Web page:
PayPal’s stablecoin rollout highlights a revived trend in the crypto industry.

It’s one that captured Wall Street’s imagination since 2016, promising speedy settlement times and lower backroom overhead. The so-called blockchain revolution: newer, cheaper rails for the financial system.

That line of argument stopped making headlines amid a long and cold crypto winter followed by an uptick in meme coins, yield farming, and the sector’s equally powerful memetic force of getting rich quickly.

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With Bitcoin still eons off its all-time highs, the tides appear to be changing though. And those financial rails are now getting that fresh coating of paint the industry has promised for the last seven years.

From Visa cards to digital dollars, crypto is slowly rewiring the everyday financial experience right before users' eyes.

Gnosis, for example, recently launched the Gnosis Card, which behaves precisely like a traditional Visa card except that it draws from users’ self-custodial crypto wallets. Alongside the card, the crypto firm also launched Gnosis Pay, a PayPal equivalent of sorts that makes it easier for the weird world of crypto to better integrate with current financial networks.

“That's one way to look at it for sure,” Gnosis co-founder Stefan George told Decrypt of the PayPal comparison. “We’re connecting the payment rails—the old rails and new rails—to make it really easy for you. Kind of what PayPal did to make online transfers very easy. Now, we do it for crypto.”

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Elsewhere, Monerium quietly launched its fully regulated euro-pegged stablecoin. EURe even comes with an IBAN, Europe’s equivalent of a SWIFT code, that lets users fling money back and forth seamlessly. They’ve been able to do this thanks to acquiring Europe’s e-money license back in 2019.

Basically, you’d never know if the euros you’ve just received were anything other than the euros you’ve always been accepting.

“We can seamlessly go from off-chain fiat in the bank system, to on-chain fiat on the chains we support,” Monerium CTO and co-founder Gisli Kristjansson told Decrypt. “€11 trillion in the banking system can freely flow like water onto a blockchain, and then to any chain, and then back into the banking system.”

Of course, the common factor linking Monerium’s and Gnosis’ new offerings is that users may not even be aware that they’re using crypto.

From paying for groceries with a Visa card or paying back a friend for dinner, there’s very little that has changed from the traditional legacy banking experience.

“We can finally build something that is exactly the same experience,” George said. “We can finally ask the question, ‘Why would users actually use Web3?’ Previously, you can only say, ‘I would not use Web3 because the user experience sucks.’”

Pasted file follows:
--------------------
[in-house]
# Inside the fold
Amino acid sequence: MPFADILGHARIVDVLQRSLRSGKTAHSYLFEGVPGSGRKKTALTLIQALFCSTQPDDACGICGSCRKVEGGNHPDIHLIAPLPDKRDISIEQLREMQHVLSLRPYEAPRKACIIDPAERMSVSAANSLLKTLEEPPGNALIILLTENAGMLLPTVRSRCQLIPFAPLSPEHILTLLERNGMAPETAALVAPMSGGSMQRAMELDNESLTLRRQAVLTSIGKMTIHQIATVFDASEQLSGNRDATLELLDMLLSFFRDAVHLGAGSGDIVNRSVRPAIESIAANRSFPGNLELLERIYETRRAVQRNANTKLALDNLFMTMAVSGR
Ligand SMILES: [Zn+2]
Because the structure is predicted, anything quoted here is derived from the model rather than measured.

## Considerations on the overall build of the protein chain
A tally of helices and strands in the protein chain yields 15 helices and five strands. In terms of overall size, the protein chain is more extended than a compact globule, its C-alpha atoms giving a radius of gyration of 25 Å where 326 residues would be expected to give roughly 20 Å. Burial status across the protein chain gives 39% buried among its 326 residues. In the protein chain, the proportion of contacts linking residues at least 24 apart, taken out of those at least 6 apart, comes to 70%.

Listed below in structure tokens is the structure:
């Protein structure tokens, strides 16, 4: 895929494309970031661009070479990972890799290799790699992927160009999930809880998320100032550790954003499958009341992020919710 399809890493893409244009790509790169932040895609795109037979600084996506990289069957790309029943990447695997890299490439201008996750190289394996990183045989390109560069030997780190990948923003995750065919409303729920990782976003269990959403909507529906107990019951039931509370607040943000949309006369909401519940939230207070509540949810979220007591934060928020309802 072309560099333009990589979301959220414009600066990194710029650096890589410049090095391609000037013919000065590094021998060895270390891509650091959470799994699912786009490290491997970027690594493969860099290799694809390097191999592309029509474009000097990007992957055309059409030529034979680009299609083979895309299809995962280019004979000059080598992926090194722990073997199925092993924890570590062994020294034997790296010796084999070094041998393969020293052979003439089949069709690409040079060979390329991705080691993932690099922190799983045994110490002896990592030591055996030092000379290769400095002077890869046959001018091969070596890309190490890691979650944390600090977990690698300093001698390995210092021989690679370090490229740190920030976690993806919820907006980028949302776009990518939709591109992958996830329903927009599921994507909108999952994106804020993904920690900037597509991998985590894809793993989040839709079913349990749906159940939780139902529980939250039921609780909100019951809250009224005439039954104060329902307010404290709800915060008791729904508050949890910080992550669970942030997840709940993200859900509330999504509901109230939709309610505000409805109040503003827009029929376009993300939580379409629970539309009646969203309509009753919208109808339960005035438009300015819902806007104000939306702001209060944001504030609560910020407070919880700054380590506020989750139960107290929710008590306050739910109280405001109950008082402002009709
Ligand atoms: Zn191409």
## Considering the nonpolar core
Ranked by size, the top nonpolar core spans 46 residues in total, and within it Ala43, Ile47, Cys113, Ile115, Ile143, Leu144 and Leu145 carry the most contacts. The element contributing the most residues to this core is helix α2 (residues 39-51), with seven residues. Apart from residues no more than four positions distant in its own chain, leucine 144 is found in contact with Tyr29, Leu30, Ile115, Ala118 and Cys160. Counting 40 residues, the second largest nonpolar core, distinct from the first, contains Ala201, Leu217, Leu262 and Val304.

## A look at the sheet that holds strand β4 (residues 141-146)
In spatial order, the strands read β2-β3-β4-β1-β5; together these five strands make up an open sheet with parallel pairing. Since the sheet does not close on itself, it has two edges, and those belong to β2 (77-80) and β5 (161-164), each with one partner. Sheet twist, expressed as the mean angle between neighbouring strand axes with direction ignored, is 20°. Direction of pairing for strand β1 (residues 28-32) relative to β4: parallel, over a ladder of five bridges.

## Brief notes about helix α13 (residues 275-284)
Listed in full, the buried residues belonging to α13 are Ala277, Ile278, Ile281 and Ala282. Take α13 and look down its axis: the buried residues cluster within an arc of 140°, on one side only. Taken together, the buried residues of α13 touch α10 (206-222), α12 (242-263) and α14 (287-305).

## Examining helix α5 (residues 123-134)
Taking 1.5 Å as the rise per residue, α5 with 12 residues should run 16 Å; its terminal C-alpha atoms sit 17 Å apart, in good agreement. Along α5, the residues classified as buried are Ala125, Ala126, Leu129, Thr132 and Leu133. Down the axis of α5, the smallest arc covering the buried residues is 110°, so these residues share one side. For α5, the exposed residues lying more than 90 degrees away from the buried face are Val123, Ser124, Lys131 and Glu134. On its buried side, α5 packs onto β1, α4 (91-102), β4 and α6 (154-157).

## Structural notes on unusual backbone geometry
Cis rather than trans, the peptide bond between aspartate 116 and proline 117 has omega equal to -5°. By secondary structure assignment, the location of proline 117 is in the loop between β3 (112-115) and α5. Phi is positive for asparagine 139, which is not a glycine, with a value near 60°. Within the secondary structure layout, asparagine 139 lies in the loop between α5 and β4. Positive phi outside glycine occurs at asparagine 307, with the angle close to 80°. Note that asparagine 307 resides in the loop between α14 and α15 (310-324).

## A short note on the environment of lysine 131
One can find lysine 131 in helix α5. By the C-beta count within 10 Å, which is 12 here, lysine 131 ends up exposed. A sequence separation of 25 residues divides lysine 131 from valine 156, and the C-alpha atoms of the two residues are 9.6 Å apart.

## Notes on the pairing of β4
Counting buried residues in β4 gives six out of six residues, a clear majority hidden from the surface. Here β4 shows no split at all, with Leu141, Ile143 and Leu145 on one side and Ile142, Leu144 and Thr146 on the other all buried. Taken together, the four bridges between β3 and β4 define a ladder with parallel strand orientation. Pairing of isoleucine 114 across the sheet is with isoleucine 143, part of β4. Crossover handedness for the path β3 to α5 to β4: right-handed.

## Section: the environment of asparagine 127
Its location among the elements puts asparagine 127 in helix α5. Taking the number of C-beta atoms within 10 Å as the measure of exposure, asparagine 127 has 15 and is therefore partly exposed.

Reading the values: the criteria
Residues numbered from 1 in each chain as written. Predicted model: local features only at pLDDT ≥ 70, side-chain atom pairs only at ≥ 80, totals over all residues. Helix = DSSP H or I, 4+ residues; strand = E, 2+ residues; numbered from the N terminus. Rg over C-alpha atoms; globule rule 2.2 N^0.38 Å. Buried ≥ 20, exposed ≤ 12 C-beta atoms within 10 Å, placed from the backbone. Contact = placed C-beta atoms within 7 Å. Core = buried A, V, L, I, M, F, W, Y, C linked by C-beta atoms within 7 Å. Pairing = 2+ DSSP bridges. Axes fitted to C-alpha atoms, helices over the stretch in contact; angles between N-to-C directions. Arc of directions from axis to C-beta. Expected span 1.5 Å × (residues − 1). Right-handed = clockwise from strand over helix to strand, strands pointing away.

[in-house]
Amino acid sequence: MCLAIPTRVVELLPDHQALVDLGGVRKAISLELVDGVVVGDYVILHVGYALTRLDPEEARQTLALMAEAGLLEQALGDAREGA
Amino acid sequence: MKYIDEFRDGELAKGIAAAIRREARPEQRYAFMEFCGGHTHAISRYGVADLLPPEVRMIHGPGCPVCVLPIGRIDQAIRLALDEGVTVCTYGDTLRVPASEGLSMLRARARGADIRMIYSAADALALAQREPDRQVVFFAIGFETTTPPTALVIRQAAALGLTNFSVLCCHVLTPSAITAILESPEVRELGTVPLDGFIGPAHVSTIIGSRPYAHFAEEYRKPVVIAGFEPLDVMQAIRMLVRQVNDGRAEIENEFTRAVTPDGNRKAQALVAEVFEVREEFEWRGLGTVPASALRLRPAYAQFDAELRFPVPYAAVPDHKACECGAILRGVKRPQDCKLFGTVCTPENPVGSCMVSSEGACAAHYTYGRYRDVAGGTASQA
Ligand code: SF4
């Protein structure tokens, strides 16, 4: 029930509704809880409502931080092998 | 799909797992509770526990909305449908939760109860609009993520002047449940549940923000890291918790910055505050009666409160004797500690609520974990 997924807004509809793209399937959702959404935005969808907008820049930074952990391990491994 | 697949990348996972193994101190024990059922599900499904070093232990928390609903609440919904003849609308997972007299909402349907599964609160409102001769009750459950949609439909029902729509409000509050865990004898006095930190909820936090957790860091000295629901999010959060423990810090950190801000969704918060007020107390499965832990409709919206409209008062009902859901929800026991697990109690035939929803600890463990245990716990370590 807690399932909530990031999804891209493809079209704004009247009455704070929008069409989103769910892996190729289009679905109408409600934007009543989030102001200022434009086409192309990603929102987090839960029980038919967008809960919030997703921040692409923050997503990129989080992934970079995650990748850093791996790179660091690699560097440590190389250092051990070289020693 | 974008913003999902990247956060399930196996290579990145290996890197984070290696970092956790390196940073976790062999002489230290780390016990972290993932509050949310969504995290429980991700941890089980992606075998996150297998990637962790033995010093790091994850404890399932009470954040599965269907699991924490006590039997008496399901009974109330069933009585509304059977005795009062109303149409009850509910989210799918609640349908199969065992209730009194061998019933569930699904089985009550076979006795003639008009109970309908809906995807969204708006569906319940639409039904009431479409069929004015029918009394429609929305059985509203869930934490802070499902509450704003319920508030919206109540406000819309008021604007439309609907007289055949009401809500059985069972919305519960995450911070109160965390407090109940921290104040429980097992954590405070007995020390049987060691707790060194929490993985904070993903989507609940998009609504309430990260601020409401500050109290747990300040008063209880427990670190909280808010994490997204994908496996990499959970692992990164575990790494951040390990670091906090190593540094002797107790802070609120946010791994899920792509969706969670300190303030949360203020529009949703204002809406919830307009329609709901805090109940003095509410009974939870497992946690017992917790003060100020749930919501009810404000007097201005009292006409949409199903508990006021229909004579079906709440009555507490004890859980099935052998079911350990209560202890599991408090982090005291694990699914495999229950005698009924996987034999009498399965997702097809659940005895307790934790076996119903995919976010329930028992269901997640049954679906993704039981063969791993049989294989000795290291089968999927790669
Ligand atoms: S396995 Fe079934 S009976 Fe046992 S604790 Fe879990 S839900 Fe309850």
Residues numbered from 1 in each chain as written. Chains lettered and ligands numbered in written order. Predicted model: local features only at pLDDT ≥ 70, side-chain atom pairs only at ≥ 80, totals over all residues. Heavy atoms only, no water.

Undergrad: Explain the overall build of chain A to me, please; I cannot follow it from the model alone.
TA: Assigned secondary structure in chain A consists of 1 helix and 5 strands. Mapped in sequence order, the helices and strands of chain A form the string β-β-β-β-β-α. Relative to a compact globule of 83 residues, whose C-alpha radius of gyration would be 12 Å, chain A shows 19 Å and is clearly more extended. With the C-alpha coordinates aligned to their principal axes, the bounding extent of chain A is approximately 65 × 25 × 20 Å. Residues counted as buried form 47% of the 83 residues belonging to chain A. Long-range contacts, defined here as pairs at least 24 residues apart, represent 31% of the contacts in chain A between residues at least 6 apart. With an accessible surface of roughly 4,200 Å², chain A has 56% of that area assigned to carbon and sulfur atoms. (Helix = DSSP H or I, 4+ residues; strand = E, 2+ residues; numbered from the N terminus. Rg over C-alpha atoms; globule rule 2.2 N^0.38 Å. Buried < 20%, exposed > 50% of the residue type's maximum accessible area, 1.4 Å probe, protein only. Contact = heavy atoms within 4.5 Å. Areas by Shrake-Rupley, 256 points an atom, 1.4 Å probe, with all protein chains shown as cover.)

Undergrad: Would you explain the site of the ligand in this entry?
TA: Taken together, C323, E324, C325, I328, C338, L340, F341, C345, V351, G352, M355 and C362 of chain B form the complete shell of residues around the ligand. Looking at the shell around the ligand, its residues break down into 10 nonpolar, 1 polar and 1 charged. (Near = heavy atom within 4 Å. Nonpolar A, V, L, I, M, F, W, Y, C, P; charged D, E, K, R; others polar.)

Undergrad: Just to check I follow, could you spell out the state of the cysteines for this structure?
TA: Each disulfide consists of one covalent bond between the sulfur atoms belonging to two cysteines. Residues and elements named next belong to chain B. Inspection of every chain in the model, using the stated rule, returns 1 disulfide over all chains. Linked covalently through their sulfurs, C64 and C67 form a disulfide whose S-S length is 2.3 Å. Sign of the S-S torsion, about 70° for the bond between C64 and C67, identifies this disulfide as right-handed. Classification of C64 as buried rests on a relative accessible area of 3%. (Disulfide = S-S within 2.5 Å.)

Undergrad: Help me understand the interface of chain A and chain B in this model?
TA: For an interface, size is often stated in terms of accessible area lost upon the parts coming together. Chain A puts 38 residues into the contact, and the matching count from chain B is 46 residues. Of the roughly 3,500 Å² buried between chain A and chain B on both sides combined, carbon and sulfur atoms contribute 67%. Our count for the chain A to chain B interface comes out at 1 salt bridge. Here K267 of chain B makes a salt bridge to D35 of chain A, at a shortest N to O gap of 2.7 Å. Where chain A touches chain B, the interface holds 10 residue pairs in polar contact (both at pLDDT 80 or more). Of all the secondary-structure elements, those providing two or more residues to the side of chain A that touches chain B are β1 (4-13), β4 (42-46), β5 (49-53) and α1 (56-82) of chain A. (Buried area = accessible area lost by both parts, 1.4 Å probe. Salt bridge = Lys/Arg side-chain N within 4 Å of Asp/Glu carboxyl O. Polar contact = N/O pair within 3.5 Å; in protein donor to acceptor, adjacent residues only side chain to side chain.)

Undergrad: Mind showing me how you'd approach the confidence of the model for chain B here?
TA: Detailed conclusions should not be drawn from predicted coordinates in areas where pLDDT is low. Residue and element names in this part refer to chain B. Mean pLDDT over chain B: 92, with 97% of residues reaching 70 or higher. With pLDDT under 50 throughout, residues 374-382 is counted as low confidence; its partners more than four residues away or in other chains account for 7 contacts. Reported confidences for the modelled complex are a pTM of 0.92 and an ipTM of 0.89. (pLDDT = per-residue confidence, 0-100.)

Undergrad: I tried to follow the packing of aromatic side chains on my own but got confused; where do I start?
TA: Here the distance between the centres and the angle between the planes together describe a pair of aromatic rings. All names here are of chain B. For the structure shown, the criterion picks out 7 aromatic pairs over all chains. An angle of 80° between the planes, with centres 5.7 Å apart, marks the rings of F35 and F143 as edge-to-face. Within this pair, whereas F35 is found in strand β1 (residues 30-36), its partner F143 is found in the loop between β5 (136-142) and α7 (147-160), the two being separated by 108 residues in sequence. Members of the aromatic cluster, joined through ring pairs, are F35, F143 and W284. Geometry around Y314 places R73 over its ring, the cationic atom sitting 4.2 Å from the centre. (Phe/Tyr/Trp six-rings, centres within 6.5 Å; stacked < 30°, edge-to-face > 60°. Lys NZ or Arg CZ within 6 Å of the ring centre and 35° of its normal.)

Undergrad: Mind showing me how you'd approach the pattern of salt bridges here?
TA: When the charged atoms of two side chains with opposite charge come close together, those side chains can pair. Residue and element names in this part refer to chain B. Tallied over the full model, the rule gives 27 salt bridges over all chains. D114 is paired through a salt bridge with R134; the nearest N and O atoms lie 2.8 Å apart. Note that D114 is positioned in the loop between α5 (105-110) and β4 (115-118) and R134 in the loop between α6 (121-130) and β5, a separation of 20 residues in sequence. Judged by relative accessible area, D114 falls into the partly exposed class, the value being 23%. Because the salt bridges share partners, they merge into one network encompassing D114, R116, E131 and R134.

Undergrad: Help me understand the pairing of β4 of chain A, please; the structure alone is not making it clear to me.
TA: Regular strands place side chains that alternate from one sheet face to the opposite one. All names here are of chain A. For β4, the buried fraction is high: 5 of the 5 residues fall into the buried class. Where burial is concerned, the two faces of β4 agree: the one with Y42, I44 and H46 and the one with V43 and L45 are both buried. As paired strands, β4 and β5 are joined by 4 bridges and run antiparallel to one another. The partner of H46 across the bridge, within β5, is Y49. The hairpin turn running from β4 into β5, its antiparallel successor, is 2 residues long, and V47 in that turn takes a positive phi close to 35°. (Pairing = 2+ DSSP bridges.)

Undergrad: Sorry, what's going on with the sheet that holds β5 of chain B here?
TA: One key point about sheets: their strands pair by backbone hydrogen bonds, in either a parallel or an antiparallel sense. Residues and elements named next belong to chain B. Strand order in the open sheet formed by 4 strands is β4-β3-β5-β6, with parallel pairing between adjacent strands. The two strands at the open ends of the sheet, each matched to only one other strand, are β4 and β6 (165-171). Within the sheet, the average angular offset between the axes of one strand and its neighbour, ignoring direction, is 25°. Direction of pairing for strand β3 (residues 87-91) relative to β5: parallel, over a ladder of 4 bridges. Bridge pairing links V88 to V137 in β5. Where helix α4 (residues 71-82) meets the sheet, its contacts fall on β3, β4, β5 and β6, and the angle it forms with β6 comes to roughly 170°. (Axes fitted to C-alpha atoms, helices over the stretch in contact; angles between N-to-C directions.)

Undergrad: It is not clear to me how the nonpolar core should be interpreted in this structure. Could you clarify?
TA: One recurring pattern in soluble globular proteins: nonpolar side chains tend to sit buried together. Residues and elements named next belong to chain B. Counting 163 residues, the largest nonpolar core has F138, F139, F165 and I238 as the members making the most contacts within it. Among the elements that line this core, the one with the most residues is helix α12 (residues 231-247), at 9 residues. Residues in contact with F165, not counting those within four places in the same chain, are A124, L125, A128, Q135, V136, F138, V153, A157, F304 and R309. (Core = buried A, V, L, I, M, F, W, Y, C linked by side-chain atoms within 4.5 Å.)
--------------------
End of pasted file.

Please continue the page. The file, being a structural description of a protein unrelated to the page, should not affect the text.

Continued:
In many ways, the crypto revolution closely resembles the fintech revolution and the arrival of Revolut, N26, and a host of neobanks.

The Gnosis co-founder says, though, that crypto’s offering is much, much different.

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“Because it's permissionless innovation, we basically have a neobank that has a stable interface that allows anyone to extend the offering of what this bank can afford to their users, offering perfect competition on this level,” he told Decrypt. “They now need to offer something that's much, much better than what Revolut or N26 has.”

In this way, crypto emerges less as a means for Zoomers to get mega-rich flipping low-cap jpegs, and more as a piece of software open to any business to build upon.

The competition to drop costs and lure more users becomes all the fiercer.

Assuming, of course, that regulators can catch up.

A regulatory hurdle, not a technical one

The arrival of Monerium’s euro stablecoin finally puts the project on the map.

But that doesn’t mean the team wasn’t hard at work first acquiring that pesky e-money license in 2019.

“It took us two years to convince the regulators that the license, that existed then for like 18 years, was applicable to public blockchains,” the Monerium CTO said. “And it was a massive thing, not just from a technical standpoint, but from a regulatory standpoint.”

This was part of the stablecoin issuer’s strategy, which entailed first gathering regulatory clearance, a key hurdle for meeting mainstream adoption.

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“We can either remain a fringe technology for fringe groups, or this can rewrite the financial infrastructure and Internet markets,” Kristjansson told Decrypt.

It’s also a key component of the Gnosis team’s current strategy. It can be tricky, however, because as regulators aim to protect users, this protection often gets interpreted differently between different projects.

“Being close to regulators is actually super high priority,” said George. “Then we can define the rules which qualify what the regulator wants.”

One example of what this could look like revolves around constantly inputting tedious know-your-customer (KYC) details with each financial interaction.

“It's super annoying for users to always go from KYC with every additional service and type in all these details again, and again, and again,” he said. “We developed a platform that allows users to passport that information to any of the other providers.”

This service is in partnership with another firm called Fractal and, naturally, decentralizes the whole process. Another identity platform called Out DID leverages zero-knowledge proofs to execute the same function with an eye to privacy.

Educating regulators on this new tooling is now the key task, says George.

“Most regulators want to do good things,” he said. “They don't want to harm anyone. They want to actually try to protect users. But we have to educate them.”

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